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Tales of intellectual property in the South Pacific

CollectionsANU Dept. of Pacific Affairs (DPA) formerly State, Society and Governance in Melanesia (SSGM) Program
Title: Tales of intellectual property in the South Pacific
Author(s): Forsyth, Miranda
Keywords: governance
Vanuatu
Samoa
Fiji
Date published: 2012
Publisher: Canberra, ACT: State, Society and Governance in Melanesia (SSGM) Program, School of International, Political and Strategic Studies, College of Asia & the Pacific, The Australian National University
Citation: Forsyth, M. (2012). Tales of intellectual property in the South Pacific. SSGM Discussion Paper 2012/3 rev. ed. Canberra, ACT: ANU College of Asia & the Pacific, School of International, Political and Strategic Studies, State, Society and Governance in Melanesia Program
Series/Report no.: State, Society and Governance in Melanesia (SSGM) discussion paper series: 2012/3
Description: 
"The aim of this paper is to seek to bridge the gap between ... theoretical justifications and the local context of the Pacific islands region. In doing so, it builds upon the growing body of literature that questions the relevance and utility of intellectual property laws in developing and least developed countries, and indeed the expansionist approach to intellectual property worldwide (see The Washington Declaration on Intellectual Property and the Public Interest 2011). In particular, it contributes empirical evidence regarding countries with weak technical absorptive capabilities, which are often not explicitly considered in empirical studies of developing countries, suggesting that intellectual property rights do not affect all developing and least developed countries in the same way (see Hassan, Yaqub and Diepeveen 2010). This supports Lall’s argument that countries at different stages of development face very different economic costs and benefits from intellectual property laws (Lall 2003:1657–80). The analytical device used in this paper is the presentation of six case studies that investigate the background to the recent invocations of trademark patent, design laws and copyright by a number of local people in Samoa, Fiji and Vanuatu ..." - page 1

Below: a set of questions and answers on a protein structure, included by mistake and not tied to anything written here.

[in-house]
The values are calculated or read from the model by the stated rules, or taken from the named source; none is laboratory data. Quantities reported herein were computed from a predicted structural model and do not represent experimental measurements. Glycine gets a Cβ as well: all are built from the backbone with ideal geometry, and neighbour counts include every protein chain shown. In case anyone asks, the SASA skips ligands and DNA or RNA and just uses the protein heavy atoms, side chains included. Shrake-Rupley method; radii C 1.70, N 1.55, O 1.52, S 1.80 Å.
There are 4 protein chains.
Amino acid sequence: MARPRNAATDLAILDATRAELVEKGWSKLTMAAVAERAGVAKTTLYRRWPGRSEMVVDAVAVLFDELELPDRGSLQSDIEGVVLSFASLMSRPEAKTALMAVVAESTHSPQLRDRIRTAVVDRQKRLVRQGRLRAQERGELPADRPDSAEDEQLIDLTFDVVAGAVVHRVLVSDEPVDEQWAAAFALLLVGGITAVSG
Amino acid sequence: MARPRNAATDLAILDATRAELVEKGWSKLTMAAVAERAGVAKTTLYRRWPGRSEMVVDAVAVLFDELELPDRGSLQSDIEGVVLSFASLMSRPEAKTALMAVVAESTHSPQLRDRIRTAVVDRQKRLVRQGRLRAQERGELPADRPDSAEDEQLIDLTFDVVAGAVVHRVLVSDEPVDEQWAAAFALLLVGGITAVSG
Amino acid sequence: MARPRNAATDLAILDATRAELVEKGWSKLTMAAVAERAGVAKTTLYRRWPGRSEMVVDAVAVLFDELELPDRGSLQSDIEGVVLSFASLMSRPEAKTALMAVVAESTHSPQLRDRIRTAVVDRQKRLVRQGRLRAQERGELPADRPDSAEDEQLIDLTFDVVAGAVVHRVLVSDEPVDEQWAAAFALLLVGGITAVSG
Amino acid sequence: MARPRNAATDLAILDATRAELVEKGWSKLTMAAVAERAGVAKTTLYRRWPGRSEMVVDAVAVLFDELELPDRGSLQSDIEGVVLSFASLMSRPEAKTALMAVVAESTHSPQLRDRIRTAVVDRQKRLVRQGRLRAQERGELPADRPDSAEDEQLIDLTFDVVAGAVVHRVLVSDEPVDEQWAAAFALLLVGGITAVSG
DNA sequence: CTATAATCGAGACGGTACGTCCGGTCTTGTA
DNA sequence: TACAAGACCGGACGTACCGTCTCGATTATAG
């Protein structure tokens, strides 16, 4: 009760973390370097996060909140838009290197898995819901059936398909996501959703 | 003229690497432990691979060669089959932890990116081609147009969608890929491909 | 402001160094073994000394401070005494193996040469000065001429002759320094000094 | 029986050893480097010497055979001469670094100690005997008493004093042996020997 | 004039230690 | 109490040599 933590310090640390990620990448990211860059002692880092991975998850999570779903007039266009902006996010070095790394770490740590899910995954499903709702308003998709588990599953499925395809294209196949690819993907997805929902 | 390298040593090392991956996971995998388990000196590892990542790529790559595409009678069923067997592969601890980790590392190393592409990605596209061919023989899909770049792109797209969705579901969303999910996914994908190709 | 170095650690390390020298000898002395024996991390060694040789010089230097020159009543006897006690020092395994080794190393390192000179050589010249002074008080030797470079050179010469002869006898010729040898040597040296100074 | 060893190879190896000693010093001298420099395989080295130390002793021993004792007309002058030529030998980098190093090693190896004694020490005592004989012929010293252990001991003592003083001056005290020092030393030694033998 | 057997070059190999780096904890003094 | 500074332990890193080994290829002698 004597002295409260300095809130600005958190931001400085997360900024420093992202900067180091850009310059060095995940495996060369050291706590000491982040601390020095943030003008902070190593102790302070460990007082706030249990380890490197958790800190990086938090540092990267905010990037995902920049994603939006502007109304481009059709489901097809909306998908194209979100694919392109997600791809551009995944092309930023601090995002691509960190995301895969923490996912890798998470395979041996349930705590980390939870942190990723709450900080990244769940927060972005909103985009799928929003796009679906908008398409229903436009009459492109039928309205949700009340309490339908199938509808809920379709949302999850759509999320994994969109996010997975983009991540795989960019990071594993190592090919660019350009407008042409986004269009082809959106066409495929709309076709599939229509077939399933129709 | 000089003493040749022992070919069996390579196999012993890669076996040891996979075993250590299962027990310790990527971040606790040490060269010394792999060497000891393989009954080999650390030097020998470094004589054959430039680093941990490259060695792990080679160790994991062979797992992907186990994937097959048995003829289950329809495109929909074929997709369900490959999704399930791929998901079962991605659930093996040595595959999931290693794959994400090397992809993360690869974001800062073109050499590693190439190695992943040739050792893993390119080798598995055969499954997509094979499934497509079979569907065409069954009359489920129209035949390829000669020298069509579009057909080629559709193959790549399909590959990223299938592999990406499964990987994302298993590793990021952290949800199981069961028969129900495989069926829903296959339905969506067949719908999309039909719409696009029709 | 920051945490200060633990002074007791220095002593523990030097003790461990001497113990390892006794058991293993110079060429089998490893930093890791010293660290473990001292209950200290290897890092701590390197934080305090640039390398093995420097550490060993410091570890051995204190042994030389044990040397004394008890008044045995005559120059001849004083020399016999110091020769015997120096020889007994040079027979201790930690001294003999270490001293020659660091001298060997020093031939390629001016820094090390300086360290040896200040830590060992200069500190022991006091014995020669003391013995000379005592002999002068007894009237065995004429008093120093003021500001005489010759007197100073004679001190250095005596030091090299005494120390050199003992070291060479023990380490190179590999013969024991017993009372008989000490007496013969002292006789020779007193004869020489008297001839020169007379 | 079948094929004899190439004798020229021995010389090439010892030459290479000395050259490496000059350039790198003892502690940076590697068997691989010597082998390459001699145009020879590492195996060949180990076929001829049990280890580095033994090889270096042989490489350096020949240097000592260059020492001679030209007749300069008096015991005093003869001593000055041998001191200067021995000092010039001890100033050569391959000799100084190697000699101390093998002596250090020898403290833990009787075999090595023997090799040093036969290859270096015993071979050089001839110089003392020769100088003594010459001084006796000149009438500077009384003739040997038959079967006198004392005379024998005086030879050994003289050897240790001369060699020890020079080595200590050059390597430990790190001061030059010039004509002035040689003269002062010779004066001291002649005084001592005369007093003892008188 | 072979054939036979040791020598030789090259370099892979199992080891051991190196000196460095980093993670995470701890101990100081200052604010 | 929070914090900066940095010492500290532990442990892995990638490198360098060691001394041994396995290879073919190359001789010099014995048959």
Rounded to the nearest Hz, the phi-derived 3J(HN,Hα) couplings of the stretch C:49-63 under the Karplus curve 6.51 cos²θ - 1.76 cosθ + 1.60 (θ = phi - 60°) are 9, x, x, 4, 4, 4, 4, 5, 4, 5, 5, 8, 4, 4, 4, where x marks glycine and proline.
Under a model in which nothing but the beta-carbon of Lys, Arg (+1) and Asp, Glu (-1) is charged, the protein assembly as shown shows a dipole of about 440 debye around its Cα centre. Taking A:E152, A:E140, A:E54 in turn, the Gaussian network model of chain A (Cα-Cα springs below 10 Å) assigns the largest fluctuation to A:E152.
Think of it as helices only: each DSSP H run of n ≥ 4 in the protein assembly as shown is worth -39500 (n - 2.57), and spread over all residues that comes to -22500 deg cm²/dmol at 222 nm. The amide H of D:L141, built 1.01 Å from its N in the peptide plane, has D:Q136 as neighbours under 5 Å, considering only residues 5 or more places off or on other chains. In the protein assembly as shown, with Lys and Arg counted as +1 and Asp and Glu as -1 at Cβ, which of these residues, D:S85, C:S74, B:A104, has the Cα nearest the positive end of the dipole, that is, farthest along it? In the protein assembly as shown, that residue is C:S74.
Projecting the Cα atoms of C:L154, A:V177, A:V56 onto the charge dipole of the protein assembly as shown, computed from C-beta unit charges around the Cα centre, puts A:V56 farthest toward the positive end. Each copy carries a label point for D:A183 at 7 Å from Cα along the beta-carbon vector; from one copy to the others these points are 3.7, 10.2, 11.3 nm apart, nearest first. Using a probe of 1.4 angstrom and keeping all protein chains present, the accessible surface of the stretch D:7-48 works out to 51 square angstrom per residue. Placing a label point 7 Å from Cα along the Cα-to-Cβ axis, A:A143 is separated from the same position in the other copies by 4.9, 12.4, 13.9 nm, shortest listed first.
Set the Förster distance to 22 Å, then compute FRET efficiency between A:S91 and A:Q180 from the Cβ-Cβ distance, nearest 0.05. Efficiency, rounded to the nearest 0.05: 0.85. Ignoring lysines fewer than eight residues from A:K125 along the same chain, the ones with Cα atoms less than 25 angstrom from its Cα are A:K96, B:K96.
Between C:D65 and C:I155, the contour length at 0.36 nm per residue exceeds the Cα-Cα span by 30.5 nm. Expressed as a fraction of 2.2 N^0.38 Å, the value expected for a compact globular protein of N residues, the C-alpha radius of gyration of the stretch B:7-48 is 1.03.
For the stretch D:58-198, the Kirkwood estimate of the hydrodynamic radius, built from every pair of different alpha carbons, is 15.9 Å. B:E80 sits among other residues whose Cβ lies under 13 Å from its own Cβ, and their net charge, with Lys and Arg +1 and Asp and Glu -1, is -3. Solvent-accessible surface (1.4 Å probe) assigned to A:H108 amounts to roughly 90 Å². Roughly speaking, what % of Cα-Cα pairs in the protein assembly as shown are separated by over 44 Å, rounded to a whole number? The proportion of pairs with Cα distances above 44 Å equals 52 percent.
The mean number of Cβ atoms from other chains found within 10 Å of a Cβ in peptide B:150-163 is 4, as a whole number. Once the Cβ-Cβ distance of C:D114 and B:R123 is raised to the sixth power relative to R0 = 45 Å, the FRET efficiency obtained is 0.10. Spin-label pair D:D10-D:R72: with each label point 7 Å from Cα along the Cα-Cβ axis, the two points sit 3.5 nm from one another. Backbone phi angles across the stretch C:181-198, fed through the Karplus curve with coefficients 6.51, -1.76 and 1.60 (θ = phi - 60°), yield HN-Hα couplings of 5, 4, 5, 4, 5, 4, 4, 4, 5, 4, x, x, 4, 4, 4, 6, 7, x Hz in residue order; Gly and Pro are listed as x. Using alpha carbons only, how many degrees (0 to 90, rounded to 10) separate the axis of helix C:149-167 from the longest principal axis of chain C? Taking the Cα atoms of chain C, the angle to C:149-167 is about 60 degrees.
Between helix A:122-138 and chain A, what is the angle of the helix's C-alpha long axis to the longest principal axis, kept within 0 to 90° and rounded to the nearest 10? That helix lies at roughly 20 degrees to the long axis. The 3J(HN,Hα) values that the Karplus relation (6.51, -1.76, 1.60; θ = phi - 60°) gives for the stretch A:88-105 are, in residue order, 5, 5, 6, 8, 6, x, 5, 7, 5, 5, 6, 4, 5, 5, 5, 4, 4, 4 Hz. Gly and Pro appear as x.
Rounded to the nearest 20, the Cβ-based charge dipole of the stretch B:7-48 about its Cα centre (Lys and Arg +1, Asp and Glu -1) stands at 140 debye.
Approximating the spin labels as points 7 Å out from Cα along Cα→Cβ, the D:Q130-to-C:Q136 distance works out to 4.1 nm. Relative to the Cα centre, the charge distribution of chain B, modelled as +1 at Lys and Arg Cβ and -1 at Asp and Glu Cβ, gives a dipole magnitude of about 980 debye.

URI: http://hdl.handle.net/1885/9855
ISSN: 1328-7854

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